Speedskaters as confident as ever

She has dominated the World Cup speedskating circuit this season. Now Christine Nesbitt has shifted her sights on achieving success at the world all-around championships slated for Calgary’s Olympic Oval.

CALGARY — She has dominated the World Cup speedskating circuit this season. Now Christine Nesbitt has shifted her sights on achieving success at the world all-around championships slated for Calgary’s Olympic Oval.

“It’s nice that it’s here in Calgary, especially on fast ice,” said Nesbitt, who is undefeated in the World Cup over both the 1,000 and 1,500 metres this season and was also crowned the world sprint champion last month in the Netherlands. “I think it will be an advantage for me being more on the sprint side.”

Nesbitt, of London, Ont., won gold in the 1,000 metres a year ago at the 2010 Vancouver Olympics and will anchor Canada’s seven-member team.

Joining Nesbitt in the women’s competition are veteran skaters Cindy Klassen and Brittany Schussler, both of Winnipeg, along with Ottawa’s Ivanie Blondin, who will be taking part in her first world all-around championships.

“It’s just exciting,” said Klassen of being able to skate in front of a home crowd a year after the Vancouver Olympics. “Skating at the Olympics in Vancouver, I’ve never experienced anything like that before, to feel the support of the crowd, feeling all of Canada behind us. This isn’t the Olympics, but it’s as close as it can get because we’re in front of the home crowd here and family and friends can come watch.”

On the men’s side, Canada’s team will feature Lucas Makowsky and Justin Warsylewicz, both of Regina, as well as Montreal’s Mathieu Giroux.

“We have a pretty strong team coming into it,” said Makowsky, who won Olympic gold last year in men’s team pursuit with Giroux and Denny Morrison. “That’s the beauty about the all-around championships is you can be top in one distance, but then you need to put four distances together to have a really good all-around result. It’s really about putting together a good, full weekend and being able to overcome any adversity if you don’t do so well in one race.”

Although Morrison, of Fort St. John, B.C., failed to qualify for the world all-around championships, he’ll serve as a substitute in the men’s competition.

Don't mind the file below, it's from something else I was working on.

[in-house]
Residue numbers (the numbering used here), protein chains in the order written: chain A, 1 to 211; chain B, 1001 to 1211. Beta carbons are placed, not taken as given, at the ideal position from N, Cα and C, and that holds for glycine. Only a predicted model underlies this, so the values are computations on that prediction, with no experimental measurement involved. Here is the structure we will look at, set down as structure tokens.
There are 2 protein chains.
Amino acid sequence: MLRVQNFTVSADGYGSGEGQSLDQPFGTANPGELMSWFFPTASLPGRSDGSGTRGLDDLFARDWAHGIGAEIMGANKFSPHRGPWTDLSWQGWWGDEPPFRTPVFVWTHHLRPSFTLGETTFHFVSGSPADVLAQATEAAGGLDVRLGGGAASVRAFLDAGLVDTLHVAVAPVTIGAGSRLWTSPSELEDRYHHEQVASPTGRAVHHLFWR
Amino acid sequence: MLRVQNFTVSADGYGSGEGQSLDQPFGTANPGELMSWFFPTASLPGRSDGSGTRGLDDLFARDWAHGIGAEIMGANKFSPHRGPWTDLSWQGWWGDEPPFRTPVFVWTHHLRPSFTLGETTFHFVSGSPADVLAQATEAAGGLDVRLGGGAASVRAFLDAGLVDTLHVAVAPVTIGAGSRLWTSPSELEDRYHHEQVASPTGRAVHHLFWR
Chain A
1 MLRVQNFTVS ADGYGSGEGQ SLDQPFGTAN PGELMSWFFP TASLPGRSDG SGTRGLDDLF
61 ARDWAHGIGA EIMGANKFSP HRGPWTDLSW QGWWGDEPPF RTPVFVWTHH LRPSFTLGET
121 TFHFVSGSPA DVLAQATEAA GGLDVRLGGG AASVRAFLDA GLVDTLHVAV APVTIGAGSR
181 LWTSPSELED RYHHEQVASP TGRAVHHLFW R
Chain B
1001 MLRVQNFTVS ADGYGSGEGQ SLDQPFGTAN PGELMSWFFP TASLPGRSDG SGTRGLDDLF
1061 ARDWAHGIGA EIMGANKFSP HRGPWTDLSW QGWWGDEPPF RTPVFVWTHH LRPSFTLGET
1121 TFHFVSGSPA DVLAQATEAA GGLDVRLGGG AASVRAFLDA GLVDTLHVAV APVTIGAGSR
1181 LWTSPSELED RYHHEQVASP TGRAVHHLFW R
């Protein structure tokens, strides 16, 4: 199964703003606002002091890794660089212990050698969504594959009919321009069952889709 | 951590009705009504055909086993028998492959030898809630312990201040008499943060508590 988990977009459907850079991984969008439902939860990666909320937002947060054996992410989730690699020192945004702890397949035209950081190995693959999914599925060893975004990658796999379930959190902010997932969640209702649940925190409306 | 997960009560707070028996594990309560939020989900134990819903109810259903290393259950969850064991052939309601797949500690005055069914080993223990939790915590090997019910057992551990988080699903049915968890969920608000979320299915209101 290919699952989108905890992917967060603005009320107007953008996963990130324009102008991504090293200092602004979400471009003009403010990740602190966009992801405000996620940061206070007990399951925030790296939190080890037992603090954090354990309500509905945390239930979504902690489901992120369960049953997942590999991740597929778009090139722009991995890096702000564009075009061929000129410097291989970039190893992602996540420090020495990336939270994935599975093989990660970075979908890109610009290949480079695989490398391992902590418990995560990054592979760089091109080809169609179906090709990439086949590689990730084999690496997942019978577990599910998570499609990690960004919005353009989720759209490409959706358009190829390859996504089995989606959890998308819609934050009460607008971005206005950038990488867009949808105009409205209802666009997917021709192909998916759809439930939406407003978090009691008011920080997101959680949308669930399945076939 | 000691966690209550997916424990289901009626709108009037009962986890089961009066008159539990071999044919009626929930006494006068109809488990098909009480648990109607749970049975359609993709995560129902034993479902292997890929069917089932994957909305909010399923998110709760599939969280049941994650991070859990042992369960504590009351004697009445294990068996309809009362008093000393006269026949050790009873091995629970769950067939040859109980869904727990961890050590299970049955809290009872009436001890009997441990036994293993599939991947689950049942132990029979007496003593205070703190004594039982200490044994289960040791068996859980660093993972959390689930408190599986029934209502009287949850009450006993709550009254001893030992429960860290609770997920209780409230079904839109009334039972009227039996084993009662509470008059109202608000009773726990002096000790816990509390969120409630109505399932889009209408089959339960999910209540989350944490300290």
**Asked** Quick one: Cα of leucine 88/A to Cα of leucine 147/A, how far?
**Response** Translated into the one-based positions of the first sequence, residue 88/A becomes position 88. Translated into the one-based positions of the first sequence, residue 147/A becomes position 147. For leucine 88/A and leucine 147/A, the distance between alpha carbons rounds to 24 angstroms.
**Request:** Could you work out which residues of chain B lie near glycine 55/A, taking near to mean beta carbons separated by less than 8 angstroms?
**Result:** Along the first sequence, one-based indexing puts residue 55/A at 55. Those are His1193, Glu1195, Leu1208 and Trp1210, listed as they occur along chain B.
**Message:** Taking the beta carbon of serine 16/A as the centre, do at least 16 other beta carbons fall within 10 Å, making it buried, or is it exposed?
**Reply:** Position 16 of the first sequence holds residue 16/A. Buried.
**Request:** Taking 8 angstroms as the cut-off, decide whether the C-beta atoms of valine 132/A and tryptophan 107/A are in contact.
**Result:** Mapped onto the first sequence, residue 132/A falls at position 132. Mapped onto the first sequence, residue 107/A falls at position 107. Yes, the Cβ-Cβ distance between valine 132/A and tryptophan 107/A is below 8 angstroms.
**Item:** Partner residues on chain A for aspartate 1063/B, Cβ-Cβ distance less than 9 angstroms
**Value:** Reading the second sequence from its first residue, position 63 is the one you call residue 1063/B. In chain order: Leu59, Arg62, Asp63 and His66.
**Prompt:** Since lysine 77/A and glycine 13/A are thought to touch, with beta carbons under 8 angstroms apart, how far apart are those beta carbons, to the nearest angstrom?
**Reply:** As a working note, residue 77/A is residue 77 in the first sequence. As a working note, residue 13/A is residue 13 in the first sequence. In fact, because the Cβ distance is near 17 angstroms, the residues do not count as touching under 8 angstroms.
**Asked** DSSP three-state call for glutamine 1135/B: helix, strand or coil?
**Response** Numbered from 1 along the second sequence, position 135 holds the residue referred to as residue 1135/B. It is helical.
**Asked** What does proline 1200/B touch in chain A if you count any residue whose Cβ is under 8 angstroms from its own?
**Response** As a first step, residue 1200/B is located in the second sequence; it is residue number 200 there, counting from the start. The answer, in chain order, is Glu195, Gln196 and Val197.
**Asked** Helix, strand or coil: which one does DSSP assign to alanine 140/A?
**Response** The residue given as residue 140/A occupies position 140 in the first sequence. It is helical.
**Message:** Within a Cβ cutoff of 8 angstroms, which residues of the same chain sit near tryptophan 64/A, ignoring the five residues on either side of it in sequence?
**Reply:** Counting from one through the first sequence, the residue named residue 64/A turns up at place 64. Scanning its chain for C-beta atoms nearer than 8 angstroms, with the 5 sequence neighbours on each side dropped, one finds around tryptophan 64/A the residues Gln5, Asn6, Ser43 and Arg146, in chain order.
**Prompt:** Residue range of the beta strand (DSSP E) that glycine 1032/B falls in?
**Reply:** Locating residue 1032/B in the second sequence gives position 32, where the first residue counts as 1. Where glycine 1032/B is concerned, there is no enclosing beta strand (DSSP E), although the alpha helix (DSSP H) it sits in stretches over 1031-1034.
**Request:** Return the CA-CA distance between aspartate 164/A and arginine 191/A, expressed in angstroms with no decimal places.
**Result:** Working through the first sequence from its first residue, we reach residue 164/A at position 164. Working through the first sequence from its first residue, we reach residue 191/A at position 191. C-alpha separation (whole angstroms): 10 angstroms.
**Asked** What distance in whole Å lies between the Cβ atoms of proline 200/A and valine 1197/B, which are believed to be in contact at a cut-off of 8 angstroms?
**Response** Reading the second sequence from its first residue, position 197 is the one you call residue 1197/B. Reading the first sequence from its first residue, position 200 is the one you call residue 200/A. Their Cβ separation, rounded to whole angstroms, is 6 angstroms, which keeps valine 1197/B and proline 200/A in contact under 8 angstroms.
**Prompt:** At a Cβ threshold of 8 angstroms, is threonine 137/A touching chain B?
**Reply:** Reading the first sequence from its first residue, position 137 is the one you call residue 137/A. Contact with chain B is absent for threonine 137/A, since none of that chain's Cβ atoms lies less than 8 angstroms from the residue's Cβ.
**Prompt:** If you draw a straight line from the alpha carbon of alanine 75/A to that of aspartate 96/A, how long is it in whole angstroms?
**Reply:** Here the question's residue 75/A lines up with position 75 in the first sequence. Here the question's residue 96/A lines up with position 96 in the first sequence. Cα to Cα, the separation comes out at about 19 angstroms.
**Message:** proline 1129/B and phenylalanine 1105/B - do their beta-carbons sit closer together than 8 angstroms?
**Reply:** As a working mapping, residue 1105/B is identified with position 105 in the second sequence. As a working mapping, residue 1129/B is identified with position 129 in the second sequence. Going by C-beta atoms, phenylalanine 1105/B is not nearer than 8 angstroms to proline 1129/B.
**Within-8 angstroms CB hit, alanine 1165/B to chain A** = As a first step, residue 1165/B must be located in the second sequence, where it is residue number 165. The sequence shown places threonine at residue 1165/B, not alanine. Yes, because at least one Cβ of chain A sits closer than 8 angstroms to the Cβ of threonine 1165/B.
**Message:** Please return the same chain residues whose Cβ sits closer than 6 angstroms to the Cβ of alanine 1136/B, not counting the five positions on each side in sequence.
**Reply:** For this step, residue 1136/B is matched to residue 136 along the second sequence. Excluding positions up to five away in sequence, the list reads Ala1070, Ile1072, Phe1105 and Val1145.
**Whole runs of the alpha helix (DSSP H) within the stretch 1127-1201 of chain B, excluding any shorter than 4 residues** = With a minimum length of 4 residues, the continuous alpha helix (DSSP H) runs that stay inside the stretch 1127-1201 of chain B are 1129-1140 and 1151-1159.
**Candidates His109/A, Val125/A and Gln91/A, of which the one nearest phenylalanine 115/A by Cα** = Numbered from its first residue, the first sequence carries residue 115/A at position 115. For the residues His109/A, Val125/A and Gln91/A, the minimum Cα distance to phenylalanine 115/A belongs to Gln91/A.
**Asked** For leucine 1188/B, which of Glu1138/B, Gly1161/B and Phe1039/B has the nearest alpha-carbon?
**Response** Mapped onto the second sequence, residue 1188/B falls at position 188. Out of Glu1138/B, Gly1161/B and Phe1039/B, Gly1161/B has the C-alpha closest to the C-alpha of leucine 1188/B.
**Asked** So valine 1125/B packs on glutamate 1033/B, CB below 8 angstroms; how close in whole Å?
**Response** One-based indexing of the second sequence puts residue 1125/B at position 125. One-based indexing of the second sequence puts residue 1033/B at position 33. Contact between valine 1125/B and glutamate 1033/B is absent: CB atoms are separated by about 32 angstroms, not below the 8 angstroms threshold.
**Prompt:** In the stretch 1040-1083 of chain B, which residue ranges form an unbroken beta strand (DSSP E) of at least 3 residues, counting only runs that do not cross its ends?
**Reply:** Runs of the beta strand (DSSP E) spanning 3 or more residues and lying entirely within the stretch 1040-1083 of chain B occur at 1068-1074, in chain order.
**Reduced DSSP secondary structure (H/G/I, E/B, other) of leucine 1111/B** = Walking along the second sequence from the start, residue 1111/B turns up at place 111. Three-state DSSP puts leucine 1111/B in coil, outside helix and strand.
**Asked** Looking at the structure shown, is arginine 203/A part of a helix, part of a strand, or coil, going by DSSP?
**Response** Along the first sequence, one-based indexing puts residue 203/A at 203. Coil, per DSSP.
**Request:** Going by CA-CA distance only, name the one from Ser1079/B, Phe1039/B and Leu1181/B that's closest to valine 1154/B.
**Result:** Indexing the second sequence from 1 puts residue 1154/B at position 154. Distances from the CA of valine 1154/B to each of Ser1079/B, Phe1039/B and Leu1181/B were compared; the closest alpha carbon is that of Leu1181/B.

Men compete in four races over the weekend including the 500 and 1,000 metres Saturday followed by the 1,500 and 10,000 metres Sunday. Meanwhile, the women will compete in the 500 and 3,000 metres Saturday and the 1,500 and 5,000 metres Sunday.

Nesbitt gave credit to Canadian coaches Xiuli Wang and Mark Wild for helping her prepare for what will be a gruelling weekend of racing.

“My specialties are the 1,000 and the 1,500,” she said. “I’m kind of at a disadvantage in the longer distances. It’s going to be tough because I have to try and bank as much time as I can in the short distances and really hold on especially in the 5,000 metres. I know this and everybody knows that. There’s no secret. I want to see what I can do and hopefully surprise myself and surprise everyone else as well.”

Wang has confidence Nesbitt can continue to put up good results this weekend despite the absence of a 1,000-metre race.

“She’s committed and she wants to do it,” said Wang, adding Nesbitt has worked hard to train for the longer distances of 3,000 and 5,000 metres. “She never complains. I feel really lucky to coach her.”

Nesbitt admitted the 5,000 metres will definitely be her toughest task of the season.

“For me it’s mentally a really hard race because I hurt,” she said. “No matter what speed I go, what time of the year, the most amount of laps I can do without hurting is probably like five.

“It’s just all about pushing myself to the limit in the 5,000 and seeing what I can do.”

And Nesbitt has confidence that she’s up to the task.

“Of course I really hate to lose,” she said. “I’m a very competitive person.

“When it comes down to it, I want to win everything and I want to win as much as I can. There’s a big task ahead of me yet, so I can’t get ahead of myself.”

Klassen, the last Canadian woman to win the world all-around title in both 2003 and 2006, isn’t surprised with how well Nesbitt has fared this season.

“She’s just very strong and there’s no telling how fast she can get,” Klassen said. “Whenever someone on our team does well, and she’s doing so well, I think that we all feed off of that and it’s exciting and I think that it drives all of us to perform our best.”

With this being the only chance for the Canadian team to compete at home this season, the skaters are hoping to feed off of the energy of the crowd.

“It’s definitely going to be a good thing, just being able to skate in front of a home crowd again,” Makowsky said. “I hope that they’re able to carry us to some good finishes.”